All breeds compete together in performance classes

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Equestrian Concierge Shampoo Horses-store.com All breeds compete together in performance classes

11. 12. 13. 14. 15. or Buckskin Registry and American Quarter Horse Association must show in the American Quarter Horse halter classes).

Halter classes will be judged separately by breed as designated by Mississippi 4-H Horse Clubs, Inc.

All breeds compete together in performance classes.

For determining age of horses for all classes, the classification will be computed by the calendar year, starting on January 1 of the year foaled.

A horse is a weanling during the calendar year in which it is foaled and a yearling during the first year following its foaling date.

For example, a horse foaled any time during 2011 is considered a yearling on January 1, 2012, and a 2-year-old on January 1, 2013.

An exhibitor may enter only one horse per class in Conformation or In-Hand (Halter) classes.

Also, an exhibitor may enter only one horse per class in performance classes.

The only exception is Team Roping, when an exhibitor may enter Team Roping twice – only one time as a header and only one time as a heeler (can be different teams) and may ride the same or a different horse as a heeler.

A horse owned jointly by two or more 4-H members of the same family may be entered in one performance class by one owner and in another class by the other owner.

No horse is allowed to enter the same type performance class twice (junior or senior).

For example: One joint owner may ride the horse in pole bending and the other owner may ride the same horse in barrel racing, but they cannot both ride the same horse in the pole bending or barrel racing class.

The only exception is if a jointly-owned horse is being shown in an introductory class.

For example, one sibling may ride a horse in Western Walk/Jog and another sibling may ride the same horse in Western Pleasure.

The same horse and exhibitor must show at the state show that showed in the district show.

Exhibitors must personally show their individual horses in district and state shows (no exceptions).

Official judges’ decisions are final and cannot be protested under any circumstances.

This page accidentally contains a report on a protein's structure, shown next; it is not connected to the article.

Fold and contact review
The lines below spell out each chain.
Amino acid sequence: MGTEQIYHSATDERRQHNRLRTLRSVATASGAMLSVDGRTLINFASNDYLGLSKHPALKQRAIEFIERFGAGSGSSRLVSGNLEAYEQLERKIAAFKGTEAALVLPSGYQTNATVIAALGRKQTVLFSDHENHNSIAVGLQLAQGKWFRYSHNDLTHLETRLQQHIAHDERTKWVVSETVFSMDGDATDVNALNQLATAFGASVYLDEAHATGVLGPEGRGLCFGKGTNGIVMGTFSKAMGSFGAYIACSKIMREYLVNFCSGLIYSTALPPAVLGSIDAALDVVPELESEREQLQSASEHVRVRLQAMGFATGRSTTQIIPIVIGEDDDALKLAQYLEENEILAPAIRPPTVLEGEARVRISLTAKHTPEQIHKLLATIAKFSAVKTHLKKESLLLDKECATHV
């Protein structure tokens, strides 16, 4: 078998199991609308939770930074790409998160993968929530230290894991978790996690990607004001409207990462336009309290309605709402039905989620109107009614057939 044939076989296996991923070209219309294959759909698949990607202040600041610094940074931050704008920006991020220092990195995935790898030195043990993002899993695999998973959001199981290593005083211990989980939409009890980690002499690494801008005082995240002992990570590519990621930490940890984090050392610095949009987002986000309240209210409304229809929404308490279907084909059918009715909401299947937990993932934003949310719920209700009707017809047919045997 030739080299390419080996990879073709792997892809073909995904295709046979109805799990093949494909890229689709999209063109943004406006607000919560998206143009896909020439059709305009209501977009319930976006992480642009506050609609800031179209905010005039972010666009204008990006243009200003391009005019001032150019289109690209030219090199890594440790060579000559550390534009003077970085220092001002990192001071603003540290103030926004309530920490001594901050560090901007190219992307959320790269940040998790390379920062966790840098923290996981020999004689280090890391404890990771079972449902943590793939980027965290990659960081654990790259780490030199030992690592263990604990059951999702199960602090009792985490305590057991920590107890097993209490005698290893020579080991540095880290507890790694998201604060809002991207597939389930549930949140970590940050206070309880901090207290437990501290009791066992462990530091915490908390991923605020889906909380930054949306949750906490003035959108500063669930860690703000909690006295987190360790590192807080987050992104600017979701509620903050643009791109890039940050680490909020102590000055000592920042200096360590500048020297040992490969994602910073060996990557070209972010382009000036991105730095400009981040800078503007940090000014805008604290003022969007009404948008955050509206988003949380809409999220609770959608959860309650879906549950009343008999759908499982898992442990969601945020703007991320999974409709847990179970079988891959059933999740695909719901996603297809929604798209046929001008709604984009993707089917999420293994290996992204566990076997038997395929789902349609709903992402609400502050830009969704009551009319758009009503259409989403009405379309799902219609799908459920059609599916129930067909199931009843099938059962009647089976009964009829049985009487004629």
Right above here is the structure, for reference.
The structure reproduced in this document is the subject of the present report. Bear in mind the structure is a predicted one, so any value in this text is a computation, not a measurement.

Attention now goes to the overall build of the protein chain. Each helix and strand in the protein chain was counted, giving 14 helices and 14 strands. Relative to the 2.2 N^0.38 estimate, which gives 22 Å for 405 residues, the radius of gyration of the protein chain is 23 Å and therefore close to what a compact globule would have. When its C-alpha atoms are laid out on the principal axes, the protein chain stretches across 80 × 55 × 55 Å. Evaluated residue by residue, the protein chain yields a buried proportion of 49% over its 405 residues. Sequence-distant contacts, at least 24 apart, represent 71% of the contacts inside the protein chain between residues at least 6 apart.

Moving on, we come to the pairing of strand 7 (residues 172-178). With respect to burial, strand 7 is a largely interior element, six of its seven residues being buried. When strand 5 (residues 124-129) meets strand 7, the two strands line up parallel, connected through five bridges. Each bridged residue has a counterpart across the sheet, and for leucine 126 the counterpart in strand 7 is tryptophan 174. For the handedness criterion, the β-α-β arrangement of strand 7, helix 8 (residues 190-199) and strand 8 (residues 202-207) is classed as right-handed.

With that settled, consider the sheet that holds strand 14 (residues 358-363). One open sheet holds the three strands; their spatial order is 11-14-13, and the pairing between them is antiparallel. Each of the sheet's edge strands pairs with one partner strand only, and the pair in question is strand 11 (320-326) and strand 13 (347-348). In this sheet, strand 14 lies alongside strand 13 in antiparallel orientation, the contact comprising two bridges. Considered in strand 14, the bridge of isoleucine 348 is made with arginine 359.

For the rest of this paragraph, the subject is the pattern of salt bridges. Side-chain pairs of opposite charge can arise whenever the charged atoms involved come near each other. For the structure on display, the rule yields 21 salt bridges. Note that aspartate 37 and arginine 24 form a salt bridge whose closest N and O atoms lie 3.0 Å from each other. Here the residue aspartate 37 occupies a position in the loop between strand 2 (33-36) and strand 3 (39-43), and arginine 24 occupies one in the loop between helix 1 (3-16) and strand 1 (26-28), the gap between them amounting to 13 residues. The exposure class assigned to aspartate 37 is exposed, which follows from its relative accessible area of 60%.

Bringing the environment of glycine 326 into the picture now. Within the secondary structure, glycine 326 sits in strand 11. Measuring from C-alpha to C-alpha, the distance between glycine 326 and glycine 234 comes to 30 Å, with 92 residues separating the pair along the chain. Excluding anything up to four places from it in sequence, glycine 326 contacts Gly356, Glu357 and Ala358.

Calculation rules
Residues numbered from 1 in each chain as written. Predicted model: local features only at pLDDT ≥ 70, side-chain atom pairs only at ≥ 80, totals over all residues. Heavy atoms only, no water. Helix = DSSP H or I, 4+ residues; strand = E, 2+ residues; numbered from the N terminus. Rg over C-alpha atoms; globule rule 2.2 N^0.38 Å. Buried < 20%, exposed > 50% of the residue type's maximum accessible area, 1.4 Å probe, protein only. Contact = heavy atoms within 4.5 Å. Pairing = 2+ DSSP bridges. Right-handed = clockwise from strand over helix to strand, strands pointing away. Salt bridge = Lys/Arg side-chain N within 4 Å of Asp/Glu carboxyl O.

Show management has the right to make clerical corrections to placings within 30 minutes after the end of the show each day.

The rules committee will rule on situations not covered in this handbook or questions regarding conduct of the show, and their decisions will be final.

Rules and regulations in this handbook are intended to establish uniform policies and procedures for District and State 4-H Horse Shows in Mississippi.

The equipment judge or rules committee will pass on the qualifications of exhibitors and exhibits.

The judge and equipment judge may consult with each other regarding any possible illegal equipment and/or attire.

The judge, show management, or rules committee will have the authority to rule out or dismiss any horse that is considered improperly trained to be safely controlled.

The judge may disqualify any contestant for excessive use of a whip, rope, crop, bat, or reins anywhere on the horse.

Exhibitor or exhibitor’s parents, guardian, leader, or agent must display good sportsmanship, including humane treatment of horses on the premises, and are expected to honor the 4-H Code of Conduct at all times.

Any discourtesy toward Mississippi 4-H Horse Show officials, other exhibitors, parents, guardians, leaders, agents, or spectators may result in forfeiture of awards and/or dismissal from the show.

Violations may resujlt in 16. 17. 18. 19. 20. 21. 22. 23. — 6.

Extending the trot or natural gait may also be asked.

The extended trot may be ridden with the rider either posting or standing in the stirrups to the front of the saddle.

Holding the saddle horn is permissible, at this gait, as might be done in open terrain. 7.

No additional credit will be given for unnecessary/additional maneuvers (such as sidepassing to and from an obstacle). 8.

The judge may ask a rider to move on to the next obstacle if the horse/rider is unable to complete the maneuver in a reasonable time or if the judge deems that the rider is, or will be, in an unsafe situation.

The judge may also ask the rider to move on after a third refusal at an obstacle.

A.

A rider will lose 15 points if an obstacle is attempted and not completed.

B.

The maximum points a rider can lose on any one attempted obstacle is 15 points. 9.

A rider may elect to skip an obstacle without disqualification.

He/she may do so with the judge assigning a 20 point penalty. 10.

Scoring will be on the basis of 0-infinity, with 70 denoting an average performance.

Each obstacle will receive an obstacle score that should be added or subtracted from 70 and is subject to a penalty that should be subtracted.

Each obstacle will be scored on the following basis, ranging from plus 1½ to minus 1½: -1 ½ extremely poor -1 very poor -½ needs improvement 0 correct +½ good +1 very good +1 ½ excellent Obstacle scores are to be determined and assessed independently of penalty points.

Penalties should be assessed per occurrence as follows: One-half point • Each tick of log, pole, cone, plant, or any component of the obstacle.